Abercrombie rejects ethanol fuel report
Sugar-based ethanol is unprofitable in the long run, a study says
A NEW federal study questioning the long-term profitability of sugar-based ethanol "has nothing to do with us" in Hawaii, U.S. Rep. Neil Abercrombie says.
The study, released this week by the U.S. Department of Agriculture, says conversion of sugar cane, sugar beets, raw sugar and refined sugar to ethanol could be profitable in the short term because of recent high ethanol prices.
But spot market prices, currently about $4 a gallon, are expected to drop as more ethanol is produced from other sources, chiefly corn, making sugar-based ethanol less profitable, the study states.
The report focuses on the viability of sugar-based ethanol on a national scale. Supporters of ethanol in Hawaii say such studies ignore the state's unique island market and agricultural advantages.
"We've got the agricultural capacity," Abercrombie said. "That's the point of producing ethanol in sufficient quantities -- to replace a vast amount of the presently imported oil that is turned into gasoline."
He said concerns over the economic viability of ethanol from sugar are from people who have reservations about converting a food source like raw or refined sugar into a fuel additive.
"We're not going to go and make sugar and then produce ethanol," he said. "We're going to be using cane in much different ways, including molasses.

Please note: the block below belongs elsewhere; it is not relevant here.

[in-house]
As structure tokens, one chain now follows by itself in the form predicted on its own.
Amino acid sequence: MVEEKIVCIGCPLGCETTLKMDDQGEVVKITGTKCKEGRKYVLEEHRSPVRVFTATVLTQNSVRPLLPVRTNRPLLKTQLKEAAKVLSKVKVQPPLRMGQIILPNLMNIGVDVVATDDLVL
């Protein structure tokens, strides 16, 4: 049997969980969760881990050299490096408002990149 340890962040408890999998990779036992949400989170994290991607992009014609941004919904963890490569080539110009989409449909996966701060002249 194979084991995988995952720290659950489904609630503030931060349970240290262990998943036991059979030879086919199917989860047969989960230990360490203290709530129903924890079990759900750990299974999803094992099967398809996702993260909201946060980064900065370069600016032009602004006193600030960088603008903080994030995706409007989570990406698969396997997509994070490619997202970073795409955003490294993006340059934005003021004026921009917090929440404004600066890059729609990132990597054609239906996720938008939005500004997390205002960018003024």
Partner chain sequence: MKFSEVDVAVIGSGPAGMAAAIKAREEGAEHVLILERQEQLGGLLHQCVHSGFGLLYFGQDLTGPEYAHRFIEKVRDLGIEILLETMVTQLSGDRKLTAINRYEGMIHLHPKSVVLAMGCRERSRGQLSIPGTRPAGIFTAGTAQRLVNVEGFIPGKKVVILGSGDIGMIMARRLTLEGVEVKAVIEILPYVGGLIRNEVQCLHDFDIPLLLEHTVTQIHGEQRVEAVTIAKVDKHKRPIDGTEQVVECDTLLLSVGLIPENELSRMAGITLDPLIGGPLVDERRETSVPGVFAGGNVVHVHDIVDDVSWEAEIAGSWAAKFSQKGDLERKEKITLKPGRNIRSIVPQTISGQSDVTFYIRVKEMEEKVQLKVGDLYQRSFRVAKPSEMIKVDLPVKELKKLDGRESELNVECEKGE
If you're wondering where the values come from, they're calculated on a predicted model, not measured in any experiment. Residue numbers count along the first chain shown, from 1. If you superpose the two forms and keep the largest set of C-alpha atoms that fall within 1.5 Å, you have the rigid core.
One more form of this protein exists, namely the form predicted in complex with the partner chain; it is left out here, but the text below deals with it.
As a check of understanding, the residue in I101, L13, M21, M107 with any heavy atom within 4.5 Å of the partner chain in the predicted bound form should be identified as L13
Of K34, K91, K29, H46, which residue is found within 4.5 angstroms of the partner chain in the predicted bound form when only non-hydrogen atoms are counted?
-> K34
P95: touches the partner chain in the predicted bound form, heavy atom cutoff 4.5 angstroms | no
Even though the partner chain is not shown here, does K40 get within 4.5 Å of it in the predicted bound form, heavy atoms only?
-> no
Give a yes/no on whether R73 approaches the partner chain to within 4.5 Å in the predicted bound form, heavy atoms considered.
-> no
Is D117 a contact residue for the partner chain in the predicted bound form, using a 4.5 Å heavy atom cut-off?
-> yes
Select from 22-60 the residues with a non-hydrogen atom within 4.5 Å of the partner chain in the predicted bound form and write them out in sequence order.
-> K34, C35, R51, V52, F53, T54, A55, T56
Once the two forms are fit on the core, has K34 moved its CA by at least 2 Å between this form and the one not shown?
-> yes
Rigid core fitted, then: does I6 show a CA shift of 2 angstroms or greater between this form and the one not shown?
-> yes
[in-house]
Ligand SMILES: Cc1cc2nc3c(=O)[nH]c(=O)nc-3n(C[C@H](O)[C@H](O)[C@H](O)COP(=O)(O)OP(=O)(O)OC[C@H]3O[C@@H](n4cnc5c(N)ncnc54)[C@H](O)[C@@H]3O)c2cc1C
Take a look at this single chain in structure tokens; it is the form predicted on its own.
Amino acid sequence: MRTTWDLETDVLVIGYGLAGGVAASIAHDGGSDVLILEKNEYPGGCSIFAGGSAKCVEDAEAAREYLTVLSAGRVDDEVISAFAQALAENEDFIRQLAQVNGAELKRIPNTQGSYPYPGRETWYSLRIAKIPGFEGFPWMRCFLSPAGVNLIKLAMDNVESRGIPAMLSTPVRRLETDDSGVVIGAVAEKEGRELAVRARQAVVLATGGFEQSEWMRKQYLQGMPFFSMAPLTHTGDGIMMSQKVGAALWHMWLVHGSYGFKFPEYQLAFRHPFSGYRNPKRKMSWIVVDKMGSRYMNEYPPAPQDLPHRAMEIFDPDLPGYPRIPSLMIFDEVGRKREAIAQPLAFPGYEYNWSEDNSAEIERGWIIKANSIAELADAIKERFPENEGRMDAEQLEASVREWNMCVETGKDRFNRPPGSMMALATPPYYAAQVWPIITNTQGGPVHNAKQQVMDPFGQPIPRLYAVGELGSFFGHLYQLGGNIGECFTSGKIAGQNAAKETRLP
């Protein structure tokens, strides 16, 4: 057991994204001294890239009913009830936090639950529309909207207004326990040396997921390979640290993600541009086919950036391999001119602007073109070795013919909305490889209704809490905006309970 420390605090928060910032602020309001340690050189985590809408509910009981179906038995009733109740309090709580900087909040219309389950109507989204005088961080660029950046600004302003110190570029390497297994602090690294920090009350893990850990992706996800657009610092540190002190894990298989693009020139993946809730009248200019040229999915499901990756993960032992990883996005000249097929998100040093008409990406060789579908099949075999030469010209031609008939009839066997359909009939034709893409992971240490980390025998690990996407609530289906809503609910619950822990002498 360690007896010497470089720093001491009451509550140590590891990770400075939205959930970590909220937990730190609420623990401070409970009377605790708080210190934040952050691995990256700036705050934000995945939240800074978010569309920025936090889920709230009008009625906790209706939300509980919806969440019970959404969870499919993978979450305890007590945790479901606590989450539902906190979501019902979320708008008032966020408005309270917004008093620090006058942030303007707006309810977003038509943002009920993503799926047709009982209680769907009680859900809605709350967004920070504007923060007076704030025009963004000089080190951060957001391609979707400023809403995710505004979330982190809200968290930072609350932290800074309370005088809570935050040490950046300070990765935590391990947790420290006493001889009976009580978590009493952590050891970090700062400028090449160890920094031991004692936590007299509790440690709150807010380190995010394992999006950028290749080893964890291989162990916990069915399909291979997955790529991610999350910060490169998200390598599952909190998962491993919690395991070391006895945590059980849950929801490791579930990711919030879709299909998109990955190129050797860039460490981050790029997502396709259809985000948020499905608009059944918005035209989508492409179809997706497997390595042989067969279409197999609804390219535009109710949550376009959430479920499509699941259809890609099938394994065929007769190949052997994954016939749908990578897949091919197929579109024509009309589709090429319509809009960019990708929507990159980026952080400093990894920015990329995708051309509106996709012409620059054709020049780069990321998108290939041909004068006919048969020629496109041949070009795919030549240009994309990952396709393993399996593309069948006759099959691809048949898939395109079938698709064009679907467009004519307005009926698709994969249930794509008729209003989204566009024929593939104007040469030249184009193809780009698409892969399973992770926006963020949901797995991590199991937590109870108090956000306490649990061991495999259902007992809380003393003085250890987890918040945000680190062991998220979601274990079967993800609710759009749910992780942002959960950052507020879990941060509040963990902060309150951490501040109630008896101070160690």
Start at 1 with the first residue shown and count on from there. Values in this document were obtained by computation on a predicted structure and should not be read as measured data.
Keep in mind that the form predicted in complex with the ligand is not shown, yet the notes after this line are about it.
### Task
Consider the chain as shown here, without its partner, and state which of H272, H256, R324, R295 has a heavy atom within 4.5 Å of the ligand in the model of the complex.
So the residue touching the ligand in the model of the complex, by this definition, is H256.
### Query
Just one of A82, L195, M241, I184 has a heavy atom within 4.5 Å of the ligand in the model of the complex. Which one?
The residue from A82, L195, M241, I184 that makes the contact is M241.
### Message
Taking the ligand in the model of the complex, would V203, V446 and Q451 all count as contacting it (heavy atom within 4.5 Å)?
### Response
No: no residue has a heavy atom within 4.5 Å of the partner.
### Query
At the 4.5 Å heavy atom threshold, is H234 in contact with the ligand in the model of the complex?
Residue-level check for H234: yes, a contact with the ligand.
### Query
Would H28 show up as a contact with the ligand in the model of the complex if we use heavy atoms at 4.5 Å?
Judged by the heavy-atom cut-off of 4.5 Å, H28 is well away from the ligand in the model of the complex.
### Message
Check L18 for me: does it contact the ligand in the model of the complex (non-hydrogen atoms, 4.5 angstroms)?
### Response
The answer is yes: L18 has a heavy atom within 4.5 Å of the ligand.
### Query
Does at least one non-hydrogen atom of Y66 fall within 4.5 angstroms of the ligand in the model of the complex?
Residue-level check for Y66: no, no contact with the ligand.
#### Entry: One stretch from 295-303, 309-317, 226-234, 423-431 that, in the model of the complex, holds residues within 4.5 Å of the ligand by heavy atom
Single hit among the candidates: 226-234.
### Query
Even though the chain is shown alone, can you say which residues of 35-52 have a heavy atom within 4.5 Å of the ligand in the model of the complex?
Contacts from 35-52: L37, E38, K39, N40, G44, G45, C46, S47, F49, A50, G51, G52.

"The sugar lands can produce enough."
At least one ethanol producer, Oahu Ethanol Corp., has said it plans to import molasses to convert to ethanol until it can start growing sweet sorghum as a feedstock. Sweet sorghum is used to produce a syrup traditionally used in the southeastern United States, where it is often grown.
Supporters say ethanol will serve the dual purpose of lessening Hawaii's dependence on imported fossil fuels and reinvigorating the islands' agriculture sector.
"Instead of having hundreds of millions of dollars leaving the islands constantly, we'll be investing that money right in the islands and investing it in a renewable resource," Abercrombie said. "The whole question of ethanol revolves around its renewability, as opposed to fossil fuels."
Critics say ethanol and other biofuels are expensive to create, require a lot of energy to make, are not as efficient as traditional energy sources and will do little to displace oil consumption.